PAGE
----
10 Questions for the Dalai Lama

200686 minutes
Documentary
7

How do you reconcile a commitment to non-violence when faced with violence? Why do the poor often seem happier than the rich? Must a society lose its traditions in order to move into the future? These are some of the questions posed to His Holiness the Dalai Lama by filmmaker and explorer Rick Ray. Ray examines some of the fundamental questions of our time by weaving together observations from his own journeys throughout India and the Middle East, and the wisdom of an extraordinary spiritual leader. This is his story, as told and filmed by Rick Ray during a private visit to his monastery in Dharamsala, India over the course of several months. Also included is rare historical footage as well as footage supplied by individuals who at great personal risk, filmed with hidden cameras within Tibet. Part biography, part philosophy, part adventure and part politics, 10 Questions for The Dalai Lama conveys more than history and more than answers - it opens a window into the heart of an inspiring man.
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Rotten Tomatoes® score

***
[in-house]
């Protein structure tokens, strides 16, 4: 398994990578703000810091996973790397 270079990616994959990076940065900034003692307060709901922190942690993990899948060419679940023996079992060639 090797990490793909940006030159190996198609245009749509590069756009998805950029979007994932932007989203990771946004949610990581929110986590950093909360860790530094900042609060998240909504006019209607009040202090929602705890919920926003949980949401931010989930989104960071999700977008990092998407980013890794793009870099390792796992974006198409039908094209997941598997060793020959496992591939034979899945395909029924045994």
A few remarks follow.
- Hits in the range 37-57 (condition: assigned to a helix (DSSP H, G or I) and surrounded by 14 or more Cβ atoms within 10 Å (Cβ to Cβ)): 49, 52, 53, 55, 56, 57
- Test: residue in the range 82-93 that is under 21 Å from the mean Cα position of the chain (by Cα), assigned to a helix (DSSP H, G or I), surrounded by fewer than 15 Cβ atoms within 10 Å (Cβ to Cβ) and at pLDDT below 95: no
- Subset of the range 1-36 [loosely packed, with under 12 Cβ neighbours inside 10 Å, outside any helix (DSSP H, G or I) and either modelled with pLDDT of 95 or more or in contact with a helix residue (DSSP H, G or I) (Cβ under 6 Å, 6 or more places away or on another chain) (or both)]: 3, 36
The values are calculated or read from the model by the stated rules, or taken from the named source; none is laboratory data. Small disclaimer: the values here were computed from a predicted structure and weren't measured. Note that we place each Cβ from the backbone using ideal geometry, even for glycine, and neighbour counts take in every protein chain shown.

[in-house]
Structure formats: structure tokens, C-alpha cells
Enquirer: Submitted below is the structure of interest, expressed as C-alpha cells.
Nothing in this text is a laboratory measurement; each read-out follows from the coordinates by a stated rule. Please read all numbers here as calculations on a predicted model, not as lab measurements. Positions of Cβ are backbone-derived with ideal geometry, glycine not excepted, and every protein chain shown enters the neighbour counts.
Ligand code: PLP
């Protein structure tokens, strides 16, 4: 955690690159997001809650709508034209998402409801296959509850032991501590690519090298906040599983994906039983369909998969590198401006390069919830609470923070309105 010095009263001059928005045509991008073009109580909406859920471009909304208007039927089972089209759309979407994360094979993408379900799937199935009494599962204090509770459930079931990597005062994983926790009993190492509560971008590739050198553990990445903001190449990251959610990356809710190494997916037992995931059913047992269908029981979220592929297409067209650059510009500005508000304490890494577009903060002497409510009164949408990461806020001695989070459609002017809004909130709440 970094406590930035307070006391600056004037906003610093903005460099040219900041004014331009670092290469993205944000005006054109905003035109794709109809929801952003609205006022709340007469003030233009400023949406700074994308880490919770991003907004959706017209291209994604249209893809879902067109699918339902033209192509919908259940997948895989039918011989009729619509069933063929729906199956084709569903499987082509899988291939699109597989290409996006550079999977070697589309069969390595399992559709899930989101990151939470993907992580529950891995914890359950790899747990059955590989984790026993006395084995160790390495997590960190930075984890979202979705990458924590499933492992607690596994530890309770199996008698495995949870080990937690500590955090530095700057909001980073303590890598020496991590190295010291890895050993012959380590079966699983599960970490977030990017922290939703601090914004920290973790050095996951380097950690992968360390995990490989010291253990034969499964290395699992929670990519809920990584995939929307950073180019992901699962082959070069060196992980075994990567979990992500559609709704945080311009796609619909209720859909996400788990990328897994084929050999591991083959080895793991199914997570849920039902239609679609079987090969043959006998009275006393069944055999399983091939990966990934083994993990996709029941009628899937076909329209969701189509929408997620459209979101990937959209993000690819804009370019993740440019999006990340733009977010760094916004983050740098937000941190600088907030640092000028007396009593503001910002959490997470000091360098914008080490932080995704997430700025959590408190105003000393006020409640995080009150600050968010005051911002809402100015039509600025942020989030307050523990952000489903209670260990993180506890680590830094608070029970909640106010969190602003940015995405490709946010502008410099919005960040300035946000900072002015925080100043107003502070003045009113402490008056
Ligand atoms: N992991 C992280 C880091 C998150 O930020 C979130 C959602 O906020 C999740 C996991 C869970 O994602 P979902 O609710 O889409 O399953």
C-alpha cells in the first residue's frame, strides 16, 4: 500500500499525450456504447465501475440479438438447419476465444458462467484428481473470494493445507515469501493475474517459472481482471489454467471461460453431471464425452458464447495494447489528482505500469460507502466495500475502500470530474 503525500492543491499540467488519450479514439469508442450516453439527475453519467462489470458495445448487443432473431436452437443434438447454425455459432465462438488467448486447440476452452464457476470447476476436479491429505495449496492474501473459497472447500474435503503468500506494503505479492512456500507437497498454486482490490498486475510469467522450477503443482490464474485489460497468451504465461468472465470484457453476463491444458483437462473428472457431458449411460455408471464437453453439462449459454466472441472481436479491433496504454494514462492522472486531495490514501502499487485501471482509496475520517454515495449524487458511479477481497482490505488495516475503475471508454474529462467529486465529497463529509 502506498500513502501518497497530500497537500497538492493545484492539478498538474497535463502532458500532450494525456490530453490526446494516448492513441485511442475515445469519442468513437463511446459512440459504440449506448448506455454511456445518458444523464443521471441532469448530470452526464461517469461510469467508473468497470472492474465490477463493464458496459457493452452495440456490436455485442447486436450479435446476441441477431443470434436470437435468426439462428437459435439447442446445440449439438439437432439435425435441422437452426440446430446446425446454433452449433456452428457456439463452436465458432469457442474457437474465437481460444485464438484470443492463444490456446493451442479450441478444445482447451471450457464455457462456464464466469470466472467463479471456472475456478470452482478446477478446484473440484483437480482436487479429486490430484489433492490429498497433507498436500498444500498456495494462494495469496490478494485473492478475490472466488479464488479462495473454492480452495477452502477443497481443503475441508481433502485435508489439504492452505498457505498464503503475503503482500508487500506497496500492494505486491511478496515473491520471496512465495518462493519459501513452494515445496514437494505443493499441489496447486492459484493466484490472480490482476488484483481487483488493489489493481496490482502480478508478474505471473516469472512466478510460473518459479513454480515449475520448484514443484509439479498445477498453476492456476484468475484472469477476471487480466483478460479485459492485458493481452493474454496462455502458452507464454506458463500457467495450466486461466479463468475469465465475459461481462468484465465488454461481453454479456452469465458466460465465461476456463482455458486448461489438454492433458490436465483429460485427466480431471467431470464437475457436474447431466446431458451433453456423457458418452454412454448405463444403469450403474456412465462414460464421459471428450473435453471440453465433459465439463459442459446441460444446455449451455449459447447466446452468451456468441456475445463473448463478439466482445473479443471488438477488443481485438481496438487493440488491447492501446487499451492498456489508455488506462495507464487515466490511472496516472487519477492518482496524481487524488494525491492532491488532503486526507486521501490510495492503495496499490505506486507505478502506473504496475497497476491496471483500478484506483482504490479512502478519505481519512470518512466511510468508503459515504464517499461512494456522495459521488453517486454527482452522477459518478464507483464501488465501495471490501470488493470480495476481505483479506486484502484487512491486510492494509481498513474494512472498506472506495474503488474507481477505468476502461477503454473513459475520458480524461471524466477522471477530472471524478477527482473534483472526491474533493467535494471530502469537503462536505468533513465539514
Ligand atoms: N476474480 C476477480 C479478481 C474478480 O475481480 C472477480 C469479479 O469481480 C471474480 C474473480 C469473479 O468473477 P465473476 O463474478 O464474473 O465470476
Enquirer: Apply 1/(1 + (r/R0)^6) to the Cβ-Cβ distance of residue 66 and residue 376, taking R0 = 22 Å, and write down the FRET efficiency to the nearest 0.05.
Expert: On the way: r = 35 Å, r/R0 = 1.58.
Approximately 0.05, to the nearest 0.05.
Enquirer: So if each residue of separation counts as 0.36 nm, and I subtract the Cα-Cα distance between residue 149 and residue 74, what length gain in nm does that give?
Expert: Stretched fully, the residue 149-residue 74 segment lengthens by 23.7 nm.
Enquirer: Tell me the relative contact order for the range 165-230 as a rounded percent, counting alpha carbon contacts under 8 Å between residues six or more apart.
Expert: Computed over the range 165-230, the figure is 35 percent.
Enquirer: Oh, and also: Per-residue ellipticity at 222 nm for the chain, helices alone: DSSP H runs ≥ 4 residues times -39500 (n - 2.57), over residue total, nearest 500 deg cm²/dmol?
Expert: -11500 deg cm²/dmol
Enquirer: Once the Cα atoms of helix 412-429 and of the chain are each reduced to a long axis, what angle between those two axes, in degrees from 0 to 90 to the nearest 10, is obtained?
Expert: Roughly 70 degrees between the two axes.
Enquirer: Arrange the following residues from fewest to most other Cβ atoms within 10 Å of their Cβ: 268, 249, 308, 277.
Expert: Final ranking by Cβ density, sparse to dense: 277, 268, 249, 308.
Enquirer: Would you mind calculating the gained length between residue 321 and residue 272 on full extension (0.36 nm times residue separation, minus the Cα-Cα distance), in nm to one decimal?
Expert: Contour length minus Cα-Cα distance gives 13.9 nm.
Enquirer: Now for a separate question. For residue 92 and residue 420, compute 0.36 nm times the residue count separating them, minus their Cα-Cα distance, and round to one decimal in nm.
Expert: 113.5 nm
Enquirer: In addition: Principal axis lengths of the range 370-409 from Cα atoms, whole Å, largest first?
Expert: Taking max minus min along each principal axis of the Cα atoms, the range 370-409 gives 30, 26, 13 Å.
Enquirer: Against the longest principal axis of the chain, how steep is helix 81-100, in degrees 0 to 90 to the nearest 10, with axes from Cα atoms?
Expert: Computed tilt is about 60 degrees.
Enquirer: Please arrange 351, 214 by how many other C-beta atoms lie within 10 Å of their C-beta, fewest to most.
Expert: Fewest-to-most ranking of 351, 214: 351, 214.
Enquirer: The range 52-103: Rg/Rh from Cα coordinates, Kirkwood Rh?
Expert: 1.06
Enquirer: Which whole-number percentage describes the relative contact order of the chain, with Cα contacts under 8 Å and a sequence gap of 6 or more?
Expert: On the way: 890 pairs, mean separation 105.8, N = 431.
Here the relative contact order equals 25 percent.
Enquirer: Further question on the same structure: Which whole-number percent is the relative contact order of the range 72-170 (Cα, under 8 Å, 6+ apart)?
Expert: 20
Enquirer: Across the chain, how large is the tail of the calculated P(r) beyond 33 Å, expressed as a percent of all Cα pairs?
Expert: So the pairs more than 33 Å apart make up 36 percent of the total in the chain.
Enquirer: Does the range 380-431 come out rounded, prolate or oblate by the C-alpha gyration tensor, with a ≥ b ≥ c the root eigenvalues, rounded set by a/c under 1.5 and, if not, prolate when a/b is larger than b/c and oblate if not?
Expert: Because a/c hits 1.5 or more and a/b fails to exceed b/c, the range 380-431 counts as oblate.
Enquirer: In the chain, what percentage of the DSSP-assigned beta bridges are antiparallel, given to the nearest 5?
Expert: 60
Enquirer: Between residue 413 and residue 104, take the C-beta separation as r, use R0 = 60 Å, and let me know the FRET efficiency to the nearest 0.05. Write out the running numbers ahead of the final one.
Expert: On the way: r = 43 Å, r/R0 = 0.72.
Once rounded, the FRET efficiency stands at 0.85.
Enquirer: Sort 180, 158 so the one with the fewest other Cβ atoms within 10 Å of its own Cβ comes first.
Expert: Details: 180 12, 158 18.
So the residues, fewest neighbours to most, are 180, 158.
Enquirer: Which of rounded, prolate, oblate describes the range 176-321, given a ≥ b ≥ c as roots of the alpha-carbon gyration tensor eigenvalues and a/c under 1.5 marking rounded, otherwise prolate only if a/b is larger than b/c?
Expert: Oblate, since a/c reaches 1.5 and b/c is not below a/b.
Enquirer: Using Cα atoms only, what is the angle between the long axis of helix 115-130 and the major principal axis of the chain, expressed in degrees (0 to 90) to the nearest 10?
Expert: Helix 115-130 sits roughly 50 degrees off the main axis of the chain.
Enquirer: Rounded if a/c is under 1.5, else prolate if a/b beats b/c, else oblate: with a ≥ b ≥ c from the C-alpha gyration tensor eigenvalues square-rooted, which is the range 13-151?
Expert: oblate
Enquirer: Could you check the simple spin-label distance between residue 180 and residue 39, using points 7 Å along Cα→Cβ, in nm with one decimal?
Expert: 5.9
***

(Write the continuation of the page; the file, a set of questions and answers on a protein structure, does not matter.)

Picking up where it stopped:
Audio language
English (Stereo)
Subtitles
English [CC]
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Start within 30 days, finish within 48 hours.
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Run time
86 minutes
His Holiness, the 14th Dalai Lama, is the spiritual leader of Tibetʼs people, and exiled government. He established the Tibetan government in northern India in 1959, but has been a voice for peace all over the world, not just within his own land. For his hard work and sacrifice, he was awarded the Nobel Peace Prize in 1989. Fewer souls in history have had such a positive influence on our world and culture. No person alive today can rival his personal message of love and compassion. Over the past fifty years, the Dalai Lama has travelled the globe, in a quest to bring peace to regions of war and famine. The life of a Gyuto monk is a life geared toward serving others, promoting peace, and observing the traditions and rituals of Tibet. Of these, the tradition of the Dalai Lama itself spans back some three hundred years. The 14th incarnation -- Tenzin Gyatso -- was declared head of state of the Tibetan people when he was just sixteen -- a hefty responsibility at such a young age. At that time, Tibet was largely under Chinese rule, and the monastery was overrun by the Chinese army, probably the first time such a peaceful place was sullied by the violence and horror of war. It was at this point that it was decided that it would be safer for the Dalai Lama to retreat to India, where he resides, even today. In 2005, thanks to the generosity of the Indian government, a new Gyuto monastery was opened, and now boasts a population of some 500 monks, all striving to keep the traditions and culture of Tibet alive and well into the 21st century.
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